Exploring the World with Experiential Travel Agency Pelorus

From private adventures in remote locations to Antarctic yacht expeditions

Whether the destination is the Arctic Circle or Eritrea, the Amazon River or the Kamchatka Peninsula, London-based experiential travel agency Pelorus assembles spectacular adventures for their international roster of clients. They’ve divided their slate of services into three separate lines (private adventures, yacht expeditions and special projects), each of which is run by a team of specialists. This expertise does more than allow guests to manifest their wildest travel dreams; it includes helping older clients summit mountains and children of clients safely observe brown bears snatching salmon from rivers in the wild. Further, Pelorus supports conservation and environmental efforts through partnerships with Blue Marine Foundation,  World Land Trust, and more.

Co-founder and managing director Geordie Mackay-Lewis explains their private adventure division best. “We work back from the central experience our clients seek,” he says, “and we specialize in mountains, deserts, jungles and more. We don’t talk about countries. We talk about the experience. It’s the opposite of a traditional luxury travel model.” For example, if a client wants to hike across a desert and they have already pinpointed the perfect location. They pioneer new areas or figure out how to create something unique from more traditional destinations. “We can create anything, anywhere,” he adds.

As for the yacht expeditions, much of the Pelorus value comes down to exploration. “Right now, 80% of yacht activity takes place in 20% of the oceans,” Mackay-Lewis continues. “That’s a crazy statistic! Most of the coastline isn’t explored—and isn’t accessible by road or even plane or helicopter. There’s so much to explore, so much to do out there.” Their fleet is predominantly superyachts or expedition vessels that are sturdy enough to enter remote locations. They also have several mid-range vessels, too.

Their special service division provides the most intrigue. It’s imaginative, unencumbered and even incentivized. “For example,” he says, “if someone wanted to do some off-roading in Patagonia, we transform each and every day into a surprise. There’s a brown envelope delivered in the morning that provides a challenge. We build an incredible journey, but it’s so much more in depth.”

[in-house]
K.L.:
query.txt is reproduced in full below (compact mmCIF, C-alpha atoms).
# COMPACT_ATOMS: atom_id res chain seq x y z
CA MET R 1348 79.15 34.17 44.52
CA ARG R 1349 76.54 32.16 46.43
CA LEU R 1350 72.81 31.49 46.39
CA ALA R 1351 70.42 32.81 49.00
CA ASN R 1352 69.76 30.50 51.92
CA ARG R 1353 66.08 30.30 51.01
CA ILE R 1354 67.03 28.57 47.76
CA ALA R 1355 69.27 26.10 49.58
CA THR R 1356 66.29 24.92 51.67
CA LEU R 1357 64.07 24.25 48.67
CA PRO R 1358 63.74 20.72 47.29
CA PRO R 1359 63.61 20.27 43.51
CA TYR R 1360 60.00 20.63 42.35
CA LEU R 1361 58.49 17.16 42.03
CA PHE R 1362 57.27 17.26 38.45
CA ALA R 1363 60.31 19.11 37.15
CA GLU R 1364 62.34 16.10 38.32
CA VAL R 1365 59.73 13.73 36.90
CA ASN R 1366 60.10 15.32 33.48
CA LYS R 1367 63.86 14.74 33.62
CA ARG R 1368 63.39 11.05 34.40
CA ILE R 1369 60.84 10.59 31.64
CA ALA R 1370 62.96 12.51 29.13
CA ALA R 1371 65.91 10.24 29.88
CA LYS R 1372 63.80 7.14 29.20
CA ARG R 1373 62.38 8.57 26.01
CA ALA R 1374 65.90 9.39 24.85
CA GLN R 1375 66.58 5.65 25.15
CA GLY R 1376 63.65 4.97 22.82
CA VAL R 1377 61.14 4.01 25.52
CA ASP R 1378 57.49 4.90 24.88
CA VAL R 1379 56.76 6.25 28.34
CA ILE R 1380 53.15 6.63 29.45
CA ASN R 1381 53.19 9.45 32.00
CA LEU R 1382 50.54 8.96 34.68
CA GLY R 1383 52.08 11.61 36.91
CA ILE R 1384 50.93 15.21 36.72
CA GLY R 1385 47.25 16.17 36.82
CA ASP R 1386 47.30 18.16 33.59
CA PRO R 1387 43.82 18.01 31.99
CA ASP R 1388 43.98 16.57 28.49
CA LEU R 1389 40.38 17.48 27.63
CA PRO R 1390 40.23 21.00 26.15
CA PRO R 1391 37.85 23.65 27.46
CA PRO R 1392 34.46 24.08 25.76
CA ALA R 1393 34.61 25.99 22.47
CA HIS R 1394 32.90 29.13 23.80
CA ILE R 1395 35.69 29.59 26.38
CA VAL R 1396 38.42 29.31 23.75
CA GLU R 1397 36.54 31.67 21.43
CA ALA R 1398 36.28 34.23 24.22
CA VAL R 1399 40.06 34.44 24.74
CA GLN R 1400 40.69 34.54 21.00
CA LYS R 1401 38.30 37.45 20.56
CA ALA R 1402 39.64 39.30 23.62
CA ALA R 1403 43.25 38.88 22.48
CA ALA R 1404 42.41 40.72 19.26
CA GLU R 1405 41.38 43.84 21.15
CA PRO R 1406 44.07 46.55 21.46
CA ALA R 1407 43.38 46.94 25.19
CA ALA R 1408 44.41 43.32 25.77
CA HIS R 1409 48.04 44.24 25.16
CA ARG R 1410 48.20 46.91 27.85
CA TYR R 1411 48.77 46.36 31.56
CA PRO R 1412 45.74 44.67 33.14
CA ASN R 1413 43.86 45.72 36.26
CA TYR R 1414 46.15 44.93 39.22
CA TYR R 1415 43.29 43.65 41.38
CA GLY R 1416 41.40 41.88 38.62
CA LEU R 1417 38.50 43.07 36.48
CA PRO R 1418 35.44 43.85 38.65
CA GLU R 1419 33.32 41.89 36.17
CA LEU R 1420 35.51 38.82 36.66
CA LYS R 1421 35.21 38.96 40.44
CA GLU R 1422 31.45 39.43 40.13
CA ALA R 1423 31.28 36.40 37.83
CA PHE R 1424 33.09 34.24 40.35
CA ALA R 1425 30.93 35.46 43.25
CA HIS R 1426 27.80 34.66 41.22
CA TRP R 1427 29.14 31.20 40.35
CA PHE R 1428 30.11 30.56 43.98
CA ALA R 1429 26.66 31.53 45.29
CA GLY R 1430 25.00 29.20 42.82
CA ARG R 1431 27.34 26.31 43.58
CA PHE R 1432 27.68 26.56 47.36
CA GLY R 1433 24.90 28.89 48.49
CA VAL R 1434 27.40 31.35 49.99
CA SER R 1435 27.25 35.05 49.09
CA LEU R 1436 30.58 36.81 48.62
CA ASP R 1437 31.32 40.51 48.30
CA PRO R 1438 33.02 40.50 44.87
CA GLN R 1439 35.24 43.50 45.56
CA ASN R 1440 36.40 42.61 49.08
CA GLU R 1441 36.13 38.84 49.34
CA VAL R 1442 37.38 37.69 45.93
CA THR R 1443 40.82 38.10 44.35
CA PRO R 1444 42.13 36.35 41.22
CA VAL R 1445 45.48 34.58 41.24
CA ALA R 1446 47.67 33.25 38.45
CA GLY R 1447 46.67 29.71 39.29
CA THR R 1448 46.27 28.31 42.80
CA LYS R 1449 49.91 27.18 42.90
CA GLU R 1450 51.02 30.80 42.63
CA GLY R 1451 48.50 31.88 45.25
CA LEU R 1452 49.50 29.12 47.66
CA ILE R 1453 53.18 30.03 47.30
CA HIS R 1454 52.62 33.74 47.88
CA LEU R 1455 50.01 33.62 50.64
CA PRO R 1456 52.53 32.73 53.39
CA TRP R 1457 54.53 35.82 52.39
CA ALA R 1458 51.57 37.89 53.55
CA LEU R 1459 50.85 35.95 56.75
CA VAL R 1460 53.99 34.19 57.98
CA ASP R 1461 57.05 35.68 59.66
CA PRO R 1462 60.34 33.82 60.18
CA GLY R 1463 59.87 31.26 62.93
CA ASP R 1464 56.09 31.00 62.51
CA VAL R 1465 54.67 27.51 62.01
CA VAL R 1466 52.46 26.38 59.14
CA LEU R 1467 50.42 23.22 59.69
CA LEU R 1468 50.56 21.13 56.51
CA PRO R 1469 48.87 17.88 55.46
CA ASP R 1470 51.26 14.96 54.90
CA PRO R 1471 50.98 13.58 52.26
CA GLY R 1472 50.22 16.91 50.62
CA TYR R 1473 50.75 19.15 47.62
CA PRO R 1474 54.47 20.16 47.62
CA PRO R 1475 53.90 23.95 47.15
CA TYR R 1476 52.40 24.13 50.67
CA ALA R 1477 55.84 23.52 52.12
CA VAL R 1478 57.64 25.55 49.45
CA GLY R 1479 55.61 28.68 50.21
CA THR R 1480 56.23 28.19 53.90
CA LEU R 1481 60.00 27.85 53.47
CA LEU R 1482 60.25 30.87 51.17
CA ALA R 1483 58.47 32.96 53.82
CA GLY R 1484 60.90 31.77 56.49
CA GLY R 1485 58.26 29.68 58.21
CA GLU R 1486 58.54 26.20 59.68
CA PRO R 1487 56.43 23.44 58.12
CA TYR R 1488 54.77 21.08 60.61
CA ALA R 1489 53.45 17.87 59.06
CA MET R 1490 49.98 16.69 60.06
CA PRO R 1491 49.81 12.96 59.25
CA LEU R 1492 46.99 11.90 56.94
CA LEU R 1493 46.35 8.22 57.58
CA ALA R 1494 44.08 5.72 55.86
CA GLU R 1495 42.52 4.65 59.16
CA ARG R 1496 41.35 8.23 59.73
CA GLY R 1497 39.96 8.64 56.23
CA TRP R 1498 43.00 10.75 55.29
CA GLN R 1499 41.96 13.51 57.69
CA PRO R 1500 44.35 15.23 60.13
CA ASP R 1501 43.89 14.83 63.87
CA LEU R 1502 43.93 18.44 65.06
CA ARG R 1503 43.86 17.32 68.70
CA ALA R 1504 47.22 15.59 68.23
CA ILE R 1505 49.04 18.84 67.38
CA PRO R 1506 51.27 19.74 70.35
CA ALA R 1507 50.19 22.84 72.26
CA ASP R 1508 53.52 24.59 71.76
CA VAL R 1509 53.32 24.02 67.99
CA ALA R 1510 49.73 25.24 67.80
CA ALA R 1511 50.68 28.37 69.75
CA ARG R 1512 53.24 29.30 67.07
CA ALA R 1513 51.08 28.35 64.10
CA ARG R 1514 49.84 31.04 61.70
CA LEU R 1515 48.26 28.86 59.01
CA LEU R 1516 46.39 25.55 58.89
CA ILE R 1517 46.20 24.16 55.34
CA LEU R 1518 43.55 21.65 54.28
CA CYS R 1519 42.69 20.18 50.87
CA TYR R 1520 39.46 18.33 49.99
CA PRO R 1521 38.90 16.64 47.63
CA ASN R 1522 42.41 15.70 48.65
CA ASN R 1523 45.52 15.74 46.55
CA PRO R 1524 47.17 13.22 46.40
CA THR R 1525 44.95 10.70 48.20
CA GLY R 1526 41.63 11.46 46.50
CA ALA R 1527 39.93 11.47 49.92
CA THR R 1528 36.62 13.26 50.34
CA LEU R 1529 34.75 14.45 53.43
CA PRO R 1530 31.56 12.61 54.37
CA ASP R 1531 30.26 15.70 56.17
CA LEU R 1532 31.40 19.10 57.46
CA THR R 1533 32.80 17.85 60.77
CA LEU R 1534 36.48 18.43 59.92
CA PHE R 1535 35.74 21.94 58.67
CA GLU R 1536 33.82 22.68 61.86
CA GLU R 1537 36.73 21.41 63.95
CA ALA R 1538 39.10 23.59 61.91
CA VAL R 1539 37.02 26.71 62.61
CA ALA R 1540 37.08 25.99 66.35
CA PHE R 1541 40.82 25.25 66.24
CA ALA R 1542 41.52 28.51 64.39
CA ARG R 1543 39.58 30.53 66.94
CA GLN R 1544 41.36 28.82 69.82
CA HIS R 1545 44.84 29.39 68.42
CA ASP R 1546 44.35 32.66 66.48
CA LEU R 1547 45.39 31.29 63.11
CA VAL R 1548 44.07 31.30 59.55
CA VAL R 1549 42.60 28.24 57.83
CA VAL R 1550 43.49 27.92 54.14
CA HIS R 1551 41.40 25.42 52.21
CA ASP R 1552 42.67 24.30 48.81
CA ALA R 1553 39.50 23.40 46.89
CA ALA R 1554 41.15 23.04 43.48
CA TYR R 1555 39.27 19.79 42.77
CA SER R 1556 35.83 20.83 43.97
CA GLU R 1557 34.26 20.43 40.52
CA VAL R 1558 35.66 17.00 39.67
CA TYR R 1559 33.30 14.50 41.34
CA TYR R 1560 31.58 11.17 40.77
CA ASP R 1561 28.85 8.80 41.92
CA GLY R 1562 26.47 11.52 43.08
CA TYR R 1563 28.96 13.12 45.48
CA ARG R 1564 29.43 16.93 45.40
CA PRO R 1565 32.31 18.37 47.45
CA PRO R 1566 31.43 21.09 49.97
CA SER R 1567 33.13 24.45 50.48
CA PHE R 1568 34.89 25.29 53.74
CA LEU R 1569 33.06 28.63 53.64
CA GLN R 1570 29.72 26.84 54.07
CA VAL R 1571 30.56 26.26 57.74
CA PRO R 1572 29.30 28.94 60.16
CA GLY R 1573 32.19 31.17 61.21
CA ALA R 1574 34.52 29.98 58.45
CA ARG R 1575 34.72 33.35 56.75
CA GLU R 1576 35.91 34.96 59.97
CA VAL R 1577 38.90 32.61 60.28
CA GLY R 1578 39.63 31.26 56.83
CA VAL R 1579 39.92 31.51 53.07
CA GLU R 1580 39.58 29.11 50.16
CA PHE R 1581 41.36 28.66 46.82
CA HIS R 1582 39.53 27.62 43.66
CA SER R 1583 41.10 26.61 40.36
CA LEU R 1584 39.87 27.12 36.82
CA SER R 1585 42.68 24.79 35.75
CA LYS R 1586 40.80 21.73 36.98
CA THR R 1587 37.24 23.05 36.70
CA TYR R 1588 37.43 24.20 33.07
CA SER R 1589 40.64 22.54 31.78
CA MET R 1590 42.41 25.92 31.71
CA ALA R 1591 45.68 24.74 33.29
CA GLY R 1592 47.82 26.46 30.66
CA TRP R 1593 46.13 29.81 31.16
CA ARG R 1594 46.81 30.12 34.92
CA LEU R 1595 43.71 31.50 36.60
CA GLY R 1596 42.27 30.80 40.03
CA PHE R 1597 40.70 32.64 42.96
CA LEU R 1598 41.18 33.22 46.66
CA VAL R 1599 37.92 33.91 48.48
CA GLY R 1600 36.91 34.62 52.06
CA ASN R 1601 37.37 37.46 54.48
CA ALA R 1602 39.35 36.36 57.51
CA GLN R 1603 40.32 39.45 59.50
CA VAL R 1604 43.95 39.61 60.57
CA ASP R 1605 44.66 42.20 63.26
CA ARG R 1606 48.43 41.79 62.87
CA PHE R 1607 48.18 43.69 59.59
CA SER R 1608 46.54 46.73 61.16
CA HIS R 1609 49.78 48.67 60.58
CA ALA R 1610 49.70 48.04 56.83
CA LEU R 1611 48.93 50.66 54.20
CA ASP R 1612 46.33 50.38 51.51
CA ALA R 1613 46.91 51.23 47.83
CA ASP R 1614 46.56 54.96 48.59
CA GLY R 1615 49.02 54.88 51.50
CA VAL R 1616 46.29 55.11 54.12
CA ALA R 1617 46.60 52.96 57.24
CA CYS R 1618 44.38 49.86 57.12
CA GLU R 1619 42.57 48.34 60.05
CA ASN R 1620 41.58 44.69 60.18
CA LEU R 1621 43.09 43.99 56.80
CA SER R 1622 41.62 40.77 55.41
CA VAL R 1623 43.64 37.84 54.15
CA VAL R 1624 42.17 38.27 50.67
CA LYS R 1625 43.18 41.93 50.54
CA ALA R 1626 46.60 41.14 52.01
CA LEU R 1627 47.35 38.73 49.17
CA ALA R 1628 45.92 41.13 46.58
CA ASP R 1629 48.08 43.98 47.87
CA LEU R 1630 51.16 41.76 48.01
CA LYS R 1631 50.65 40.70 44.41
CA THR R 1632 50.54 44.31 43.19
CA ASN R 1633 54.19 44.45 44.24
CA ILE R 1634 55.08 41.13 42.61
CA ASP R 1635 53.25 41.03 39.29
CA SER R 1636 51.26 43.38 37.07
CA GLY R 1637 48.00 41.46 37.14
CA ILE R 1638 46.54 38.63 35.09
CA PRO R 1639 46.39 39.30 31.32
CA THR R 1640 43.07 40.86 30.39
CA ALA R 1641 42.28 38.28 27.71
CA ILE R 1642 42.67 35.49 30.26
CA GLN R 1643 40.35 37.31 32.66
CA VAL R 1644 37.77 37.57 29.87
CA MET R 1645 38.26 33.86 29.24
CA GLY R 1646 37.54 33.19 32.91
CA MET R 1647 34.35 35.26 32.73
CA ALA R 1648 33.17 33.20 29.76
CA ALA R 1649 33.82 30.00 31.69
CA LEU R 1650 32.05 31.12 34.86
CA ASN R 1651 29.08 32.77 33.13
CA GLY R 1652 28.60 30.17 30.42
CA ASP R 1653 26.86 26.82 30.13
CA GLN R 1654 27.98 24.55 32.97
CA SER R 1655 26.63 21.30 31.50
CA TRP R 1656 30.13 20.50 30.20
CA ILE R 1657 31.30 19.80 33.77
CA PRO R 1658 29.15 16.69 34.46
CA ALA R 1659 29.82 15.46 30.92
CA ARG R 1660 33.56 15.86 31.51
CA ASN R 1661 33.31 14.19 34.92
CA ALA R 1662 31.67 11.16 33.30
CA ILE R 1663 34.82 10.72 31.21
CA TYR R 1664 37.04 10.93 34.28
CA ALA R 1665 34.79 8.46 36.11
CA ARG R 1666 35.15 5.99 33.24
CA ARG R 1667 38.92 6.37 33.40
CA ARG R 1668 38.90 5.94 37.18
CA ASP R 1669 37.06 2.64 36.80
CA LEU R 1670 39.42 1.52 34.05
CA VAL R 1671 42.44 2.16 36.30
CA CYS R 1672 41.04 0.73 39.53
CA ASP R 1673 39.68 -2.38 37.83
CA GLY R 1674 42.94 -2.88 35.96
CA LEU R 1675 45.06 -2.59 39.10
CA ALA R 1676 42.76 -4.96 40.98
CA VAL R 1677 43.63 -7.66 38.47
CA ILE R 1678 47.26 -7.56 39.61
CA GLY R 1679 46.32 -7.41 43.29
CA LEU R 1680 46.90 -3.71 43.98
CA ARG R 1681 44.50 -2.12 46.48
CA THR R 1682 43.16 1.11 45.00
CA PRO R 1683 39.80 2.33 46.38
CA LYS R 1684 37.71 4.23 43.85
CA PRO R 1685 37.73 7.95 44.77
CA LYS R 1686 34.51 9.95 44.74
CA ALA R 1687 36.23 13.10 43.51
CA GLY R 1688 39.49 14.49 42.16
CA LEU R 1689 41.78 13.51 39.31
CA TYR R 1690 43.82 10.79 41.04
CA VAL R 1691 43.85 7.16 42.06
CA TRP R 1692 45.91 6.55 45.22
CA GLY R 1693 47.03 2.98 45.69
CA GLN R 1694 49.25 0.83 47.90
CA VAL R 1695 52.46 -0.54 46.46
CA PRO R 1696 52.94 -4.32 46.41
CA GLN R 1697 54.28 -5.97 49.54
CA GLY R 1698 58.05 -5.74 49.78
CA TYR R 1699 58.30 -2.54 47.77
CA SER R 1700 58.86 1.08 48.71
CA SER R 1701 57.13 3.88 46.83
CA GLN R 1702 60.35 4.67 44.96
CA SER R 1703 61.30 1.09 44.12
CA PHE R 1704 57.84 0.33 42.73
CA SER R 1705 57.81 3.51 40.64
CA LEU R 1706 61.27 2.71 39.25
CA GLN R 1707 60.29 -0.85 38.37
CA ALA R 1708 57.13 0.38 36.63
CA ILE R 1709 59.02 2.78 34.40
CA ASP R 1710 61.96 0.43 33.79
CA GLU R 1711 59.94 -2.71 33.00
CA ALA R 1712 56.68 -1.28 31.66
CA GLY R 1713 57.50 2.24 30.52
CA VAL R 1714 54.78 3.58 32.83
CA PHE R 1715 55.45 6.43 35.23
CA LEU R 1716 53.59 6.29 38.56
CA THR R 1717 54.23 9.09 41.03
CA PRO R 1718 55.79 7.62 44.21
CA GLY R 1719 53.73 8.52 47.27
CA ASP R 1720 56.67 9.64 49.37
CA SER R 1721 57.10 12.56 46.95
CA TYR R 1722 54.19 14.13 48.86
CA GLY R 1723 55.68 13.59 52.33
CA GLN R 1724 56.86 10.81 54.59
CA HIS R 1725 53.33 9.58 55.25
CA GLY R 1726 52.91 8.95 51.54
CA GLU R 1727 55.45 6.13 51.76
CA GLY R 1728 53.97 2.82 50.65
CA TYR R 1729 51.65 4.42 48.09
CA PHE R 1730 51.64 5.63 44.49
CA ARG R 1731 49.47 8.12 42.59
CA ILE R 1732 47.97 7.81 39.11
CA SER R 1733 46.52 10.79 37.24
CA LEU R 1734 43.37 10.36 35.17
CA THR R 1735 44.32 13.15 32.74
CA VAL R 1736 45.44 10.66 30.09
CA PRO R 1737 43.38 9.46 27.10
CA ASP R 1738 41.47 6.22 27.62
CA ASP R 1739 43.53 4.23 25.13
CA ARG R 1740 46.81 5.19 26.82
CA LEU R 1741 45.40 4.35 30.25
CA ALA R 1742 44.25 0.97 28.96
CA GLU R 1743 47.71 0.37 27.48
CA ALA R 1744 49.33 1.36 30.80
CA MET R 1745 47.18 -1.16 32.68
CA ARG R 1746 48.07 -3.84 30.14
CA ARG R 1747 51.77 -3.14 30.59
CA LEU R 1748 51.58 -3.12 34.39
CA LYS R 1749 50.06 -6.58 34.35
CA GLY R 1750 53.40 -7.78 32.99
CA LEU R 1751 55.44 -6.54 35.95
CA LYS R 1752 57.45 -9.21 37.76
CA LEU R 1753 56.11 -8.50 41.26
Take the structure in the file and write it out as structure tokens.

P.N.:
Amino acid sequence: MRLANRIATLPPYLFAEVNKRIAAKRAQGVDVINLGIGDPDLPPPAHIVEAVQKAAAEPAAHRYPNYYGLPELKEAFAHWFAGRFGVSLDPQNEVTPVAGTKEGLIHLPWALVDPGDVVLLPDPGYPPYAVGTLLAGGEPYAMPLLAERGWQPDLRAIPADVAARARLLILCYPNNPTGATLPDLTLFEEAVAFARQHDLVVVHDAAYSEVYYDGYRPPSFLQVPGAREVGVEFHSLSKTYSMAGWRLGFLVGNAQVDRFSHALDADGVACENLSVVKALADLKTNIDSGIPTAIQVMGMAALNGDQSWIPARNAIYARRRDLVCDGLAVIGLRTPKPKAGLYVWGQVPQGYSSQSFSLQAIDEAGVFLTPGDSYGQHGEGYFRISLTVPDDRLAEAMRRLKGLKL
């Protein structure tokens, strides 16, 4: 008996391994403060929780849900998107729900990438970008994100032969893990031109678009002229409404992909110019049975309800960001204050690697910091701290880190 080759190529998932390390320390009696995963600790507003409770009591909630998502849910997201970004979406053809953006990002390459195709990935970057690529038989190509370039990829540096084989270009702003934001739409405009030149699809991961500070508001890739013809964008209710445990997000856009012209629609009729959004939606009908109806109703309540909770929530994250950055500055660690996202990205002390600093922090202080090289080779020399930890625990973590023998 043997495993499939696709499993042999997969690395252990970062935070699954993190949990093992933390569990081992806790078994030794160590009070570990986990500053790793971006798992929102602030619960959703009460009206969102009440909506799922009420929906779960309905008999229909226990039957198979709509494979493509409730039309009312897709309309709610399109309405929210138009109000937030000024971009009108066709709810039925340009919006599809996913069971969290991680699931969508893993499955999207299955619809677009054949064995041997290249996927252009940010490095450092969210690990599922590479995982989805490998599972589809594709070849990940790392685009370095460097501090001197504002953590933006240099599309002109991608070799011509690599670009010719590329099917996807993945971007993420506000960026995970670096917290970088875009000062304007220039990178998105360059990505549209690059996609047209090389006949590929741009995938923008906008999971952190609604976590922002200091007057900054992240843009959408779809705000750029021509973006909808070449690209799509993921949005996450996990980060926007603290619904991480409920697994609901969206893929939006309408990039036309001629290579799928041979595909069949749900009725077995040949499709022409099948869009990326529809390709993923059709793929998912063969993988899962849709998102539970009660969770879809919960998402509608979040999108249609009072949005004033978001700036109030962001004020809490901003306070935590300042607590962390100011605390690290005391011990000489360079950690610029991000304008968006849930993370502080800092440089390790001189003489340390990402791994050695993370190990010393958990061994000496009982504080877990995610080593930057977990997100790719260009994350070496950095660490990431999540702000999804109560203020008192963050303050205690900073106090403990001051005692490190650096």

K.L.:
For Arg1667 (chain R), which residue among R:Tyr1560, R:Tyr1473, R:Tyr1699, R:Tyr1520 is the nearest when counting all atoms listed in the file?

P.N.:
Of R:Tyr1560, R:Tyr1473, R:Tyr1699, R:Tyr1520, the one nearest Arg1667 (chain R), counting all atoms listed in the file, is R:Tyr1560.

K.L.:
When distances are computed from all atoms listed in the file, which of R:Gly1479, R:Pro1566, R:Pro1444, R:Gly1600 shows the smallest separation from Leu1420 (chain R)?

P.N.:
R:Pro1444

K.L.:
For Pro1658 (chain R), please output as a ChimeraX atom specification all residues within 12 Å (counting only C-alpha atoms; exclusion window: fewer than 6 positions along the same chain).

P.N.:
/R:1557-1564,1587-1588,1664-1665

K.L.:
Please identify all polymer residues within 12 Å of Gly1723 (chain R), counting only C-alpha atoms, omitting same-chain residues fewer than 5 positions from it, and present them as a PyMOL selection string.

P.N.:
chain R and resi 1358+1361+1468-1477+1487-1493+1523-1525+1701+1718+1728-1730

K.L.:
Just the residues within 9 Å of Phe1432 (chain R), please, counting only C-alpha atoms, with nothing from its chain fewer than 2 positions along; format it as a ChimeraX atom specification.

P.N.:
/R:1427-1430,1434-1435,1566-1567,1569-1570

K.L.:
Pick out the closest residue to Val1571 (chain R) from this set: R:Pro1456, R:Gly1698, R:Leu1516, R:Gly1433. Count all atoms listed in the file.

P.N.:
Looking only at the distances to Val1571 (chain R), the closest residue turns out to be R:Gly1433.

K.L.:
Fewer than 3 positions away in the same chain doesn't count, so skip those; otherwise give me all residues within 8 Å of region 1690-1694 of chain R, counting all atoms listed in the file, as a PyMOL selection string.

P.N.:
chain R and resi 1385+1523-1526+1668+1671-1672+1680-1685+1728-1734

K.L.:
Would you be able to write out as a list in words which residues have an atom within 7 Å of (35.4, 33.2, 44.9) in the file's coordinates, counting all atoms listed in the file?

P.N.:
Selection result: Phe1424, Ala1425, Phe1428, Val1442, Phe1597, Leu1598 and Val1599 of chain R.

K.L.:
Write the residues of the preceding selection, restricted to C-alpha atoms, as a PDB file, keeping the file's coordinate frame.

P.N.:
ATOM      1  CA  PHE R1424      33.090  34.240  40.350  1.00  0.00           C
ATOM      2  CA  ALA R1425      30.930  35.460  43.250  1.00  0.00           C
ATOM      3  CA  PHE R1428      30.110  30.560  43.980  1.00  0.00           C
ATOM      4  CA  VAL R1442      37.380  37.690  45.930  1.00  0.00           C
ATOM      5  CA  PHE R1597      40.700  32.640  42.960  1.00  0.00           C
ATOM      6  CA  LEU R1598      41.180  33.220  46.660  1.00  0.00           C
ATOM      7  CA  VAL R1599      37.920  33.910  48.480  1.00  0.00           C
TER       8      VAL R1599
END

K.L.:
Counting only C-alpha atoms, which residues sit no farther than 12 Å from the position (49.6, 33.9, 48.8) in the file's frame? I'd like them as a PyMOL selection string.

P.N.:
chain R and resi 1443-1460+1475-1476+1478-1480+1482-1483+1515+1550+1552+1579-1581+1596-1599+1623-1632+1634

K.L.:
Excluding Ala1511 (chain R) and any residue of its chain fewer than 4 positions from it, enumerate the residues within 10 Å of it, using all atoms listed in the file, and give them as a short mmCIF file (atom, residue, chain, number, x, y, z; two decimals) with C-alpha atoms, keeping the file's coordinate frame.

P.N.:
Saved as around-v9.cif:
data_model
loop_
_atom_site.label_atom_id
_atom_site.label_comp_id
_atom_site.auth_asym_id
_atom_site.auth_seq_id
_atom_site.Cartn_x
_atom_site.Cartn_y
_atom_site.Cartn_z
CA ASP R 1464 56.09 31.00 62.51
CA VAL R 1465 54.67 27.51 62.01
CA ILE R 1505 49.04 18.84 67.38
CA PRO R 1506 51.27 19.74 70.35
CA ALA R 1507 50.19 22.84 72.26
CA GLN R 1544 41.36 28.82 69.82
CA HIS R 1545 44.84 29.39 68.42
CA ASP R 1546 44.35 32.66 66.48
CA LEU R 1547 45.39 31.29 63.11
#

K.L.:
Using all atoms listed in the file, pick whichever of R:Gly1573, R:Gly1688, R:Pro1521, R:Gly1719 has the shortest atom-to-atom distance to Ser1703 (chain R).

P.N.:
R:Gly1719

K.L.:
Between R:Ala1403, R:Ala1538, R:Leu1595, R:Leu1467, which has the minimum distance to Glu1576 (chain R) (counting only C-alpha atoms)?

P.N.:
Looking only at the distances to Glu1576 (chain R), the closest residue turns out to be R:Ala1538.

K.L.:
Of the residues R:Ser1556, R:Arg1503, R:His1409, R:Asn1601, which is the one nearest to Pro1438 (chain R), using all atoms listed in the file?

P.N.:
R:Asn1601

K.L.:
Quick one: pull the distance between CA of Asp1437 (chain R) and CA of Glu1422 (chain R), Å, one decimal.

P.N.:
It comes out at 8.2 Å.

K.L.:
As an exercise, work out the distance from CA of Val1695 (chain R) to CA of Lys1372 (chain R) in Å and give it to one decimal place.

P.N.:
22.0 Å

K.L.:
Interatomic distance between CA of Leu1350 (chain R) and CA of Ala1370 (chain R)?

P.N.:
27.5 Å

With that, experiences also involve conservation projects. Beyond their partnerships, Pelorus donates money to local projects, and puts in client money, too. Be that negotiating a deal with Ecuadorian government to bring marine biologists to hammerhead sharks off the coast or assisting in manta ray tagging off of northeast Indonesia, these initiatives allow clients to give back to the scientific community.

In addition to treks across Greenland and supercar rallies through Utah, Pelorus also has a sub-division where “we rely on some of our previous skills to create alternate realities,” Mackay-Lewis says, referencing his time as a Captain in a British Army reconnaissance regiment. “Similar to [the film] The Game, it involves travel and actors and production teams. We facilitate experiences that nobody has ever done—meticulous production in extraordinary circumstances.”

There’s one key difference between Pelorus and others in the travel-planning category. “By not relying only on a network in the travel sector—where there are so many people who are good at what they do, and their finger is on the pulse for sure—but by relying on our local relationships with scientists and people who are spending months in countries to observe and discover and photograph, our access is different,” Mackay-Lewis. This is reflected in their programming and capabilities.

Mackay-Lewis speaks of personal adventures to Socotra, an island off the coast of Yemen, and Svalbard. He touches upon his love of Lake Powell, Utah and all that’s possible there. He’s seen and, with the help of his team, planned so much. Next up for Pelorus is a new, limited-space Polar exploration on LEGEND. Be it a plunge in the ice-cold waters, a glacier hike or spending time on an extraordinary vessel learning about the dawn of time, it’s one worth signing up for.

Images courtesy of Pelorus